Mary Lou Geer
Boyd Red Morgan
Ellis W. Carter
Willie Lee Duckworth
Richard Quine, Rooney's old friend, roommate, and fellow former MGM contractee, had just recently established himself as a director at Columbia. Quine worked on low-budget musicals for the studio; his first two features as solo director were Sunny Side of the Street (1951) starring current chart-topper Frankie Laine, and Purple Heart Diary (1951), a showcase for 1940s favorite Francis Langford. His next assignment was to work with Rooney, who had just been signed to a three-picture deal at Columbia for $75,000 a film. As Rooney wrote in his autobiography, Life Is Too Short, "...it wasn't the money that attracted me. It was the presence at Columbia of Dick Quine, who was being given one of his first chances to direct. And he was going to direct me, his old buddy."
Aside from his work on a pair of unlikely Westerns starring Rod Cameron for Allied Artists, Sound Off was the first important screenplay assignment for another former actor: Blake Edwards, the future writer/director of such films as Breakfast at Tiffany's (1961), Days of Wine and Roses (1962), The Pink Panther (1963), 10 (1979), and Victor Victoria (1982). Edwards co-wrote the script for Sound Off with Quine; the two would continue as partners on several films at Columbia.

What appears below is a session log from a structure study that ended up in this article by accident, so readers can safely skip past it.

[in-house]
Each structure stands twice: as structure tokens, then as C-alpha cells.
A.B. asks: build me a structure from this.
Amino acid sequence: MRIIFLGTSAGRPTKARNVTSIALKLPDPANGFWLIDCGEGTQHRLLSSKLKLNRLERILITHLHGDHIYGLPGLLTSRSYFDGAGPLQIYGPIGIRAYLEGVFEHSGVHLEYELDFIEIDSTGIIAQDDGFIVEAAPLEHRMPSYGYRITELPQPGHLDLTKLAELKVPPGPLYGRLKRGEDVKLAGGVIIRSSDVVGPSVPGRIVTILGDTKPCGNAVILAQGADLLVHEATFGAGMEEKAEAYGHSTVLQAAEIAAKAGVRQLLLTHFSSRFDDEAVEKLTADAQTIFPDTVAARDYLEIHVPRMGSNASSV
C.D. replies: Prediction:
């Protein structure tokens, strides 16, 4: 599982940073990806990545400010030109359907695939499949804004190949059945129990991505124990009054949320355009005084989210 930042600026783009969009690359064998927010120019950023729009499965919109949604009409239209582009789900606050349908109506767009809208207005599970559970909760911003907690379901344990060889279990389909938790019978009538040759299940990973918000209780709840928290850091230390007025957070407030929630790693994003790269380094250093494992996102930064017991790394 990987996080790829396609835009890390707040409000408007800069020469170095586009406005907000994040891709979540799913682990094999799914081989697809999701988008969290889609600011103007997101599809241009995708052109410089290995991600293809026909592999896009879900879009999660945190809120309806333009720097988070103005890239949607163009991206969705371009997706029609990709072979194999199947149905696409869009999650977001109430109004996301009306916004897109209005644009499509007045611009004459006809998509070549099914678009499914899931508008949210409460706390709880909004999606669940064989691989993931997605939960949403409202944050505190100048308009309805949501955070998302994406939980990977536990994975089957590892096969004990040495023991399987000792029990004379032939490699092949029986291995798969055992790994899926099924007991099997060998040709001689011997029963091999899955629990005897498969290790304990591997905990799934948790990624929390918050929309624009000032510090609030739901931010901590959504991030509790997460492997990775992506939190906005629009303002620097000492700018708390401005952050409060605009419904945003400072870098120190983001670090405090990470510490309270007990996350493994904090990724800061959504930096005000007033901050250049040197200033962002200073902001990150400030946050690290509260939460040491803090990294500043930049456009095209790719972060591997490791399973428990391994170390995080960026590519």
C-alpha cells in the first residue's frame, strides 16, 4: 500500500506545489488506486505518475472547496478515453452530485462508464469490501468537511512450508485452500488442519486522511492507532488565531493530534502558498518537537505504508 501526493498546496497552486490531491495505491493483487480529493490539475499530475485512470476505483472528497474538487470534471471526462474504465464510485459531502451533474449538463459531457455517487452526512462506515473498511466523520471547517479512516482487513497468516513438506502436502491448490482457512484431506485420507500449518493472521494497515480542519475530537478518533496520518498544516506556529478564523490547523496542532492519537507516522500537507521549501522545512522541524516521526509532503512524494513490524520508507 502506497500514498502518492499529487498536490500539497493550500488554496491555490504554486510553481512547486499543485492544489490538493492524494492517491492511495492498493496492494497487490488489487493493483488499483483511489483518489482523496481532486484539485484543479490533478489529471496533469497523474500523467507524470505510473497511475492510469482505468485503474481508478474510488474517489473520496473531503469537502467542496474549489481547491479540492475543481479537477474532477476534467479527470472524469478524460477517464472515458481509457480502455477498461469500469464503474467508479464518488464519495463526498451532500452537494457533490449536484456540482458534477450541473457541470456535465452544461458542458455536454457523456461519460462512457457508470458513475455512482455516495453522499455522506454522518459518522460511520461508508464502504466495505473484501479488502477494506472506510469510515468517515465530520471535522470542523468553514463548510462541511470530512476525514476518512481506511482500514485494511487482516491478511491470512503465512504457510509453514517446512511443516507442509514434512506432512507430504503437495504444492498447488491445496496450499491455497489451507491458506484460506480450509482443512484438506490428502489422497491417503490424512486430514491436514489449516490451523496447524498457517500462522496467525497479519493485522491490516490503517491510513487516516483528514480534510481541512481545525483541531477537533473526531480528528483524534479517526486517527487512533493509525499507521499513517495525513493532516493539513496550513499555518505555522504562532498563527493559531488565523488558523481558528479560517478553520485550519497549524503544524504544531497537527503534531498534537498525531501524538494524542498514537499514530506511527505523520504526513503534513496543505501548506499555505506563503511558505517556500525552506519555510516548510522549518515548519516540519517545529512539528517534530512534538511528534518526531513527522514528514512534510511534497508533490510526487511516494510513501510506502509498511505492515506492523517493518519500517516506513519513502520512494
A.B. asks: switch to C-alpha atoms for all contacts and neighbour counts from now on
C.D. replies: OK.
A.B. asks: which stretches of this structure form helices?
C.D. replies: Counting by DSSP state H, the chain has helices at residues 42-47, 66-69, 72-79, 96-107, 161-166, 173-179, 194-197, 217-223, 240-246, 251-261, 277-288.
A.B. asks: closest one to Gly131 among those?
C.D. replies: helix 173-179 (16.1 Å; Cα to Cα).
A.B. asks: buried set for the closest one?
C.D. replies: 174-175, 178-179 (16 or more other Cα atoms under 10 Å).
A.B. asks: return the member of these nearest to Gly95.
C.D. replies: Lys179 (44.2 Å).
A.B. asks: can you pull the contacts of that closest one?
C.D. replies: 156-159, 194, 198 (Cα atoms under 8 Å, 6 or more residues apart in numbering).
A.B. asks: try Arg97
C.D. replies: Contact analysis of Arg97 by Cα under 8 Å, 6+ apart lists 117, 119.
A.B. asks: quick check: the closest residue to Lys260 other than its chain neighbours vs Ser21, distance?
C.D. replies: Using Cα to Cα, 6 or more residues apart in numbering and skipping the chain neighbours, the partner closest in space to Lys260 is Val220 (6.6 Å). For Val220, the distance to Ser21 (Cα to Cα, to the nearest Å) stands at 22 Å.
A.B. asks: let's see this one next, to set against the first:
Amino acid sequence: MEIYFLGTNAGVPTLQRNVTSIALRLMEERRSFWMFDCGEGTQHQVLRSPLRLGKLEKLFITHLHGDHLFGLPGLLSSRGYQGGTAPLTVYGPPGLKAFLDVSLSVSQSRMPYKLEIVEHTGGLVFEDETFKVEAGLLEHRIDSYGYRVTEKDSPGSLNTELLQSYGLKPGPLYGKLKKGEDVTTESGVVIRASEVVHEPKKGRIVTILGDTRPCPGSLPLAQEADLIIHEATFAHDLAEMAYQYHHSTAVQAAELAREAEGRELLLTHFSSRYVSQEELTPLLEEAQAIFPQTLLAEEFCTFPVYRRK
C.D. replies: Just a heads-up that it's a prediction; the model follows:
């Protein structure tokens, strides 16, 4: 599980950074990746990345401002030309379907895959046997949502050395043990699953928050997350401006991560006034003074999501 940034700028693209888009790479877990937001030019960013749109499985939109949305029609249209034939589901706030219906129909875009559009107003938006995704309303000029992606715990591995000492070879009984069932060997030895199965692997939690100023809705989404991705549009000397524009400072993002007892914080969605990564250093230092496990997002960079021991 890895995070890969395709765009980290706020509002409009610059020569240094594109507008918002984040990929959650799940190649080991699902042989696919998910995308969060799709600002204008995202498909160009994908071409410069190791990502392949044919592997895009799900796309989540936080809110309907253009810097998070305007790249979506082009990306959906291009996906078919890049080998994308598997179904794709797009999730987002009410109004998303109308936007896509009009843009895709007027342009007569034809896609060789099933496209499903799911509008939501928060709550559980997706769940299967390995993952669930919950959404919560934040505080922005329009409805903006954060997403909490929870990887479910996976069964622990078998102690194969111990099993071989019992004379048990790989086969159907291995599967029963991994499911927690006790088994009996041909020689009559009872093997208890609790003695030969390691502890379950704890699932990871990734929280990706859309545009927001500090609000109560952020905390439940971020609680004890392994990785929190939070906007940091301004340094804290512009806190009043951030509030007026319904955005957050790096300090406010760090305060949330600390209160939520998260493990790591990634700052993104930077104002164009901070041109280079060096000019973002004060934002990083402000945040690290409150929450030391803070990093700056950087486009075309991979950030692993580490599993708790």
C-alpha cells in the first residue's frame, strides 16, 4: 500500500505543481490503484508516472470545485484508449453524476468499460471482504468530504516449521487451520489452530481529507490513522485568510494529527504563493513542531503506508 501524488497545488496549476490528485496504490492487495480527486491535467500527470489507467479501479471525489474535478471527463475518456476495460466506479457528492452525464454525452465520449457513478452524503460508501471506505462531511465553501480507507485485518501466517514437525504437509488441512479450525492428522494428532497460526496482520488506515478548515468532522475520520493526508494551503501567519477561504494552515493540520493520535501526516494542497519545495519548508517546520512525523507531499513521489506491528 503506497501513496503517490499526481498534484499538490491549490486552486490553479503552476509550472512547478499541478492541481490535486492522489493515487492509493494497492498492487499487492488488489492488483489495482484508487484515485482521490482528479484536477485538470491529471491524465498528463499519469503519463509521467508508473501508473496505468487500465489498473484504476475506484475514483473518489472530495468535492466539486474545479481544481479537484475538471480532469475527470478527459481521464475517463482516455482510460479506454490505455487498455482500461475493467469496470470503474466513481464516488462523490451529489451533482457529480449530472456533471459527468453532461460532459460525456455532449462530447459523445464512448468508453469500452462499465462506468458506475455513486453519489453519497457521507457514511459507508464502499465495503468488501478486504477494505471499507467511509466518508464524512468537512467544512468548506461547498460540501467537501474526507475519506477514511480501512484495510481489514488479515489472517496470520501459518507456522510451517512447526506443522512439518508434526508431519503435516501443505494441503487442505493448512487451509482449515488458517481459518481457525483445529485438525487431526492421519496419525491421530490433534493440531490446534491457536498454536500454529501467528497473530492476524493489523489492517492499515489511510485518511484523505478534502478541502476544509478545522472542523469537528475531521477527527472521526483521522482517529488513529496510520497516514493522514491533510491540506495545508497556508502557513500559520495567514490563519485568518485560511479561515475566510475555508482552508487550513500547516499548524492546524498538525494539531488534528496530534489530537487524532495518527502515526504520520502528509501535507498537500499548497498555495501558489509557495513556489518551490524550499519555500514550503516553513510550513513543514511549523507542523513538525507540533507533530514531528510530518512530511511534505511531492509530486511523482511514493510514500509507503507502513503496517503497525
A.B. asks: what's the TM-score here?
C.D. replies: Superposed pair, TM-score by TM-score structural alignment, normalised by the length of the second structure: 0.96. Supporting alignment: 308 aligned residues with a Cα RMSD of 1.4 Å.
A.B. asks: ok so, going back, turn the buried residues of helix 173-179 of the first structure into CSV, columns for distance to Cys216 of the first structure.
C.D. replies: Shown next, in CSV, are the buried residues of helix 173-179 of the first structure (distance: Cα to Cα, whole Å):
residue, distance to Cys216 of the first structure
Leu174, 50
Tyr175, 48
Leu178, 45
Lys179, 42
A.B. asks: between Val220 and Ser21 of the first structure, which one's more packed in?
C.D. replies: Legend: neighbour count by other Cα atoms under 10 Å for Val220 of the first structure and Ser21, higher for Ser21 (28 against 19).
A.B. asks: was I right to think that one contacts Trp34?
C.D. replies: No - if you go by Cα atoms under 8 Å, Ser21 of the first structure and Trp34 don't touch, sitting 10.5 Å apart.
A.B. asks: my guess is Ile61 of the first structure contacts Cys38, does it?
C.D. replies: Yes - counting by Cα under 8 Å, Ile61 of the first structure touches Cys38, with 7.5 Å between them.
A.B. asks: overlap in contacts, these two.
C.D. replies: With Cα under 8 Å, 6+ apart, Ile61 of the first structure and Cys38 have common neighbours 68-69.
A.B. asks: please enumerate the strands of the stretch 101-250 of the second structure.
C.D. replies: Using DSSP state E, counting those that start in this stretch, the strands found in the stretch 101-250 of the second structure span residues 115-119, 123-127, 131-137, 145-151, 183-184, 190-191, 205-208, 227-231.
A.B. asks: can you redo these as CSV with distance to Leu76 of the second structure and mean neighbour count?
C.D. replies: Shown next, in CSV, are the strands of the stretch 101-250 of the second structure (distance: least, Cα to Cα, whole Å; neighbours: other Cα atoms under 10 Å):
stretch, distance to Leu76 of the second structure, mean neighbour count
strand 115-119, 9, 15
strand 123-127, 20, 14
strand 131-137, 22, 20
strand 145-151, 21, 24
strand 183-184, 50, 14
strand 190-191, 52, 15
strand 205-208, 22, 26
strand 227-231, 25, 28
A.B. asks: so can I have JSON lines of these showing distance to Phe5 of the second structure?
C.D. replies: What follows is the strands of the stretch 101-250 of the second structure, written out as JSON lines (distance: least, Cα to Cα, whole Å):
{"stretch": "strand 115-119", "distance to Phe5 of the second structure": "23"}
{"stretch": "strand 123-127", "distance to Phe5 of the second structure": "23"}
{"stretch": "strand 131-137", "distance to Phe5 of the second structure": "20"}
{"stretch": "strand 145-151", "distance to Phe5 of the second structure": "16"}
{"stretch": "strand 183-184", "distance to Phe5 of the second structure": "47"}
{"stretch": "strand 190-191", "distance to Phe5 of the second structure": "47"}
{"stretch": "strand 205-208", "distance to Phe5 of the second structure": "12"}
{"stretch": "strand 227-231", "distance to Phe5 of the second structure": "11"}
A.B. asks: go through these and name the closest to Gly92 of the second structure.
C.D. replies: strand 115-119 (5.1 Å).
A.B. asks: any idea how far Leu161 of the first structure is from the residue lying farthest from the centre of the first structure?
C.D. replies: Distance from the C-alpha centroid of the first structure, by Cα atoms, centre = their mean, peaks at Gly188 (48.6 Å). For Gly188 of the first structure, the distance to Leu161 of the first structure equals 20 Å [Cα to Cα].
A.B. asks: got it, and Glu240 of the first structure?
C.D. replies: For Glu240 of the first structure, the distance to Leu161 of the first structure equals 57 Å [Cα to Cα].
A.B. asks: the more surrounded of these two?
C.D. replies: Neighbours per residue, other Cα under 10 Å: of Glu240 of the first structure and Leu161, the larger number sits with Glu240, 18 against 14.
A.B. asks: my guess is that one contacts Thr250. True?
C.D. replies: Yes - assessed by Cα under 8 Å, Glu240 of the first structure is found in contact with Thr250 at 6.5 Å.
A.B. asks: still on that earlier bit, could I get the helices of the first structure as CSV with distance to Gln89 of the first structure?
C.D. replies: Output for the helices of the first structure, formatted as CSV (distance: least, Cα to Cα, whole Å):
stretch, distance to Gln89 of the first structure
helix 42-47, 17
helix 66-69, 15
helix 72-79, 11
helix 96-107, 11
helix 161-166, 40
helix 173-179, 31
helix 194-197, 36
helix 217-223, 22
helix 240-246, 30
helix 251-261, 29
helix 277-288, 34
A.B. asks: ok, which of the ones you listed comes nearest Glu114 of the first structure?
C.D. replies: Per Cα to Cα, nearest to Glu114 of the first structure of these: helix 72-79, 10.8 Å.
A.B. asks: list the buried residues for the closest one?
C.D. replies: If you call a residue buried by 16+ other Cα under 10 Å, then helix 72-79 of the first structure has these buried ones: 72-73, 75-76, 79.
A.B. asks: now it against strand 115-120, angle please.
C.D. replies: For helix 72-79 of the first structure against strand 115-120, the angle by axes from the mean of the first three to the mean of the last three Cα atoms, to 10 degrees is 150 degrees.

The Edwards and Quine script for Sound Off quickly establishes that Los Angeles nightclub entertainer Mike Donnelly (Rooney) is an irrepressible (and sometimes obnoxious) force to be reckoned with. Donnelly has a popular stage show at Ciro's, which he is constantly seeking to improve, especially if he can turn the spotlight away from the supporting cast and back onto himself. He and his manager Joey Kirby (Sammy White) meet up with some girls at a local restaurant, and Donnelly makes a scene by trying out a new bit by dumping a salad on innocent patron Sgt. Crockett (Gordon Jones). Columnist Barney Fisher (Arthur Space) was present at the unseemly display and writes up "Mighty Mouse" in his column the next day. Donnelly explodes, but has little time to vent because Joey shows him an induction notice from the Army. In a moment of self-recognition, Donnelly ponders how he will fit in and asks, "How are they gonna take me?" At Boot Camp, Sgt. Crockett predictably appears as the drill instructor, and Donnelly quickly discovers a pretty nurse (Anne James) to occupy his attentions.